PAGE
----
# [Marxism] International Socialist Review on Pharmaceutical

Jeff meisner at xs4all.nl
Sun Apr 26 10:18:04 MDT 2009

```At 11:39 26/04/09 -0400, you wrote:
>
>Jeff seems to have an oddly constricted definition of "science," since
>he excludes from it all the discoveries from many thousands of years
>of human experience (except, perhaps, for that small portion which has
>been torn out of its living context and subjected to a statistical
>rigamarole
By casually referring to "statistical rigamarole", it appears you have no
idea how science is done. Almost every scientific result RELIES on
statistics, an essential part of scientific methodology. That is because
almost every measurement includes the effect of what is technically called
"noise," that is, a level of randomness in the result which reduces its
precision. It is ONLY with statistics that noise can be taken into account
in order to draw conclusions (and those conclusions are only valid to
within a "statistical significance" or quantitative results to within a
"confidence interval," which are themselves quantified by statistical
analysis).

Scientific conclusions which are so stark that they do not require
statistics were usually discovered a long time ago and are not on the
cutting edge of scientific research. For instance the direction of gravity:
down rather than up. That can be figured out without using statistics. But
it does not defy statistics! I could conduct an experiment: let go of 8
apples and record whether they fall down or up. If the apples fall down in
8 out of 8 cases, I could conclude STATISTICALLY that gravity is downwards,
with a statistical significance of 99.75%. Granted, that experiment is
rather trivial. But a measurement of the actual gravitational acceleration,
for instance by measuring the time that it takes an object to drop a
calibrated distance, will not give an exact number, but a statistical
result whose precision is dependent on the measurement apparatus etc.

In other words, use of statistics is at the heart of physical sciences.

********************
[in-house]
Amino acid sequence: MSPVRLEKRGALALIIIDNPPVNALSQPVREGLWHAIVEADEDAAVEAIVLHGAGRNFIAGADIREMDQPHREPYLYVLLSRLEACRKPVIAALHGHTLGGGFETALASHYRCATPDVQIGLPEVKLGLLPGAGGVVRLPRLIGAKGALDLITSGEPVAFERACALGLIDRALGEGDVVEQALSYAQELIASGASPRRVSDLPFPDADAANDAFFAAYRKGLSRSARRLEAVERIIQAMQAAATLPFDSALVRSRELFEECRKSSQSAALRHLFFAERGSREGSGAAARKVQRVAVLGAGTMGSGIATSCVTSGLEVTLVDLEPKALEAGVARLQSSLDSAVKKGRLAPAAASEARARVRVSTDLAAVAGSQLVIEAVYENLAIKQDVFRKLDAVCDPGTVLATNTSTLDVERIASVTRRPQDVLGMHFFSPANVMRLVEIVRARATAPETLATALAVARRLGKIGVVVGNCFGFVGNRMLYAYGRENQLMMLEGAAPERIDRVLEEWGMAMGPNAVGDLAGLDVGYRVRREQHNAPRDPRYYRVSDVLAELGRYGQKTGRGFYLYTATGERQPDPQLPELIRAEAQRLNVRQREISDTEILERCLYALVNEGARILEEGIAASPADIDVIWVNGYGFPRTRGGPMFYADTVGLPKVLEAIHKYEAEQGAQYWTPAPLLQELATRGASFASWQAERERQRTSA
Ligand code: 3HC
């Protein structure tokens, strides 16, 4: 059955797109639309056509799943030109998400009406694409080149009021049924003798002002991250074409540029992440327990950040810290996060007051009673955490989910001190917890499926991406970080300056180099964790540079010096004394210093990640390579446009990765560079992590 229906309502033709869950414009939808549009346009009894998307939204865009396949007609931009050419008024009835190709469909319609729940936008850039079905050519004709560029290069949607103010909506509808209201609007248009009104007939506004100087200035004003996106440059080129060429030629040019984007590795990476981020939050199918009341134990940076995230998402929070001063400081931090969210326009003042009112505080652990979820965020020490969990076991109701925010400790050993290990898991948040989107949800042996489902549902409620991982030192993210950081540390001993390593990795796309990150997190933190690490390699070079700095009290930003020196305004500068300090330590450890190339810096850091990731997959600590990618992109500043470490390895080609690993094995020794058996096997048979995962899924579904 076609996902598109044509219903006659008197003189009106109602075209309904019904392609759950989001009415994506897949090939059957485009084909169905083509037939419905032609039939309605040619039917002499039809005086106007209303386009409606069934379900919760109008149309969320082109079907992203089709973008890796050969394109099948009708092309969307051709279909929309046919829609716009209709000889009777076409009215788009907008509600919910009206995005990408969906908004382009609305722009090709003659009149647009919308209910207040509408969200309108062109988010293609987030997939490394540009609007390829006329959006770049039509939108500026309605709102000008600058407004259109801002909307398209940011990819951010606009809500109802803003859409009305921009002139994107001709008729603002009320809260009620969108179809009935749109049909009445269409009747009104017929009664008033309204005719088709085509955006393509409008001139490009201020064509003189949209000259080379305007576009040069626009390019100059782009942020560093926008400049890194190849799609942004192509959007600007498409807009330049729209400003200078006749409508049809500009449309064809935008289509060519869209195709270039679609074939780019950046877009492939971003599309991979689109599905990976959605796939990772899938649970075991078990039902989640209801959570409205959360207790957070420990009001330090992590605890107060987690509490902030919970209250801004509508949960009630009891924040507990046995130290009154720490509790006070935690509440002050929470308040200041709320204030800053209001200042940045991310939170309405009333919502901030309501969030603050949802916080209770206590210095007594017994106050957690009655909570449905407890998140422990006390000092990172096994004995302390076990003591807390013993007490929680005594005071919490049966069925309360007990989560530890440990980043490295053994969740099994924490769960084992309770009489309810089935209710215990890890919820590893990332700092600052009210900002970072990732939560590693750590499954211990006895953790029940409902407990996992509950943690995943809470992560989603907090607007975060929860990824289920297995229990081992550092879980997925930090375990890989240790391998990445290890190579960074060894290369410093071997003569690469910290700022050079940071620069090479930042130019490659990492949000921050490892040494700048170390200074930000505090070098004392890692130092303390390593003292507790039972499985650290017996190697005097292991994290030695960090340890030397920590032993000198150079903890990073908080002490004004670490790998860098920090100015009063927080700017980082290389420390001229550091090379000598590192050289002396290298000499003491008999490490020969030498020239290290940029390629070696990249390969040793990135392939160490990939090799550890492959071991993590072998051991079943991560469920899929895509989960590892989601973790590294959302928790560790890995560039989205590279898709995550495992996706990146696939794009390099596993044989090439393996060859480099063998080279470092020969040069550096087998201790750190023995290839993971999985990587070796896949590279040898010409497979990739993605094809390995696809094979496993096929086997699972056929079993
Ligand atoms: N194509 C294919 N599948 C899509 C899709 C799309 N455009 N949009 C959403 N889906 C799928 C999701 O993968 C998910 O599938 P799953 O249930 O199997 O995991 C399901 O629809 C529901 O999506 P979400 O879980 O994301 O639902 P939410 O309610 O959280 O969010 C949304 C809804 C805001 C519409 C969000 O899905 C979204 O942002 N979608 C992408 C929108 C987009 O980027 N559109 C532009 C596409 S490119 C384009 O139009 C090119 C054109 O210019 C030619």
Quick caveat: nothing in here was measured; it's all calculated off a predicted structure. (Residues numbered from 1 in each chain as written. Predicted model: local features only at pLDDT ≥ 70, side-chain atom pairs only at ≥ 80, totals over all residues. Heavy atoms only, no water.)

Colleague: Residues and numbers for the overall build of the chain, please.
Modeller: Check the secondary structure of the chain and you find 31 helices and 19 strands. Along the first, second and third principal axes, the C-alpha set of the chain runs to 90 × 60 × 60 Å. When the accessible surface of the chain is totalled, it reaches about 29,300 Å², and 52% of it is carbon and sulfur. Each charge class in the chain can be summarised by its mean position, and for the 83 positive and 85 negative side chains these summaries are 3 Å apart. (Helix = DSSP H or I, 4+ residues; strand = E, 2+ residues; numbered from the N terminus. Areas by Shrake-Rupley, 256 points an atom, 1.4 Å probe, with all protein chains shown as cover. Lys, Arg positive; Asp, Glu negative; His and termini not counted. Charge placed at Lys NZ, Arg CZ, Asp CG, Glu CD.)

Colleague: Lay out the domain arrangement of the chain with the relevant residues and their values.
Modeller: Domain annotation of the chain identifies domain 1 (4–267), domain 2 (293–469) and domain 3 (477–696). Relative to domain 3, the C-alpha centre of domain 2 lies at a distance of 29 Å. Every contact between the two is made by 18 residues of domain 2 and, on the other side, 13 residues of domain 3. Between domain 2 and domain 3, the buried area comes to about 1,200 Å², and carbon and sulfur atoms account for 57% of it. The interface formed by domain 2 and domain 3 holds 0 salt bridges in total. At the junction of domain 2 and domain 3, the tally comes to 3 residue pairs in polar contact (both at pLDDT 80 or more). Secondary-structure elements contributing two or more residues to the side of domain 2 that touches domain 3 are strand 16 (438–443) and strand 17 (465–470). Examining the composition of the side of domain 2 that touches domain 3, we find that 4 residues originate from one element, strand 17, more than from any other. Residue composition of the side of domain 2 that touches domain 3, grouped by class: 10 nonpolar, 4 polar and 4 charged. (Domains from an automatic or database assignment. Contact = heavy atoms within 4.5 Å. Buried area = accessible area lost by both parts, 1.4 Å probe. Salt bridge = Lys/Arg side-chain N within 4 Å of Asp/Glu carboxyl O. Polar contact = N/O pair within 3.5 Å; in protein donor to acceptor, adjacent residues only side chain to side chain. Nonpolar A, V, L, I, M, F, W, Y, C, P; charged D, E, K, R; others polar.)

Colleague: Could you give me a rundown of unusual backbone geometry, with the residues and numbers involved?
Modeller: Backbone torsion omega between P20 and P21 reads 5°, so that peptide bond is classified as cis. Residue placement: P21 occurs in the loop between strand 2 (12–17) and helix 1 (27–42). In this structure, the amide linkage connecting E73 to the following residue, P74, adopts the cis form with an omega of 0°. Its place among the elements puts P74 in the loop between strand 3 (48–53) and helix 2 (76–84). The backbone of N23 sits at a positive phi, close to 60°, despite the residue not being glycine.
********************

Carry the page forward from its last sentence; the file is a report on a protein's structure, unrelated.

When you abandon statistics, then any result can be conjectured without a
valid test. For instance, if I give 100 subjects sugar pills and 100 salt
pills, I might find that more people who took the sugar pill got relief
from their headaches. Another researcher could conduct the same experiment
and find more success with the salt pill. We could both proclaim our
"conclusions," that one is better for headaches, and we'd both surely be
wrong. That was not a scientific test precisely because it didn't appeal to
statistics (which would have shown lack of significance in the result). Nor
would it be reproducible in a consistent sense (especially by independent
researchers, where the bias of the experimenter has been eliminated as a
possible factor in the data).

Yes, there is a great deal of knowledge which was obtained before (or
simply without) use of rigorous statistical analysis. For instance many
traditional medicines (yes, including ones that aren't embraced by the
western medical establishment). But the important thing is that they COULD
(and indeed, should) be confirmed using scientific testing, if they are
valid. And that is how you can differentiate between the ones with REAL
value, and the many others which have survived the passage of time by
virtue of the placebo effect.

- Jeff

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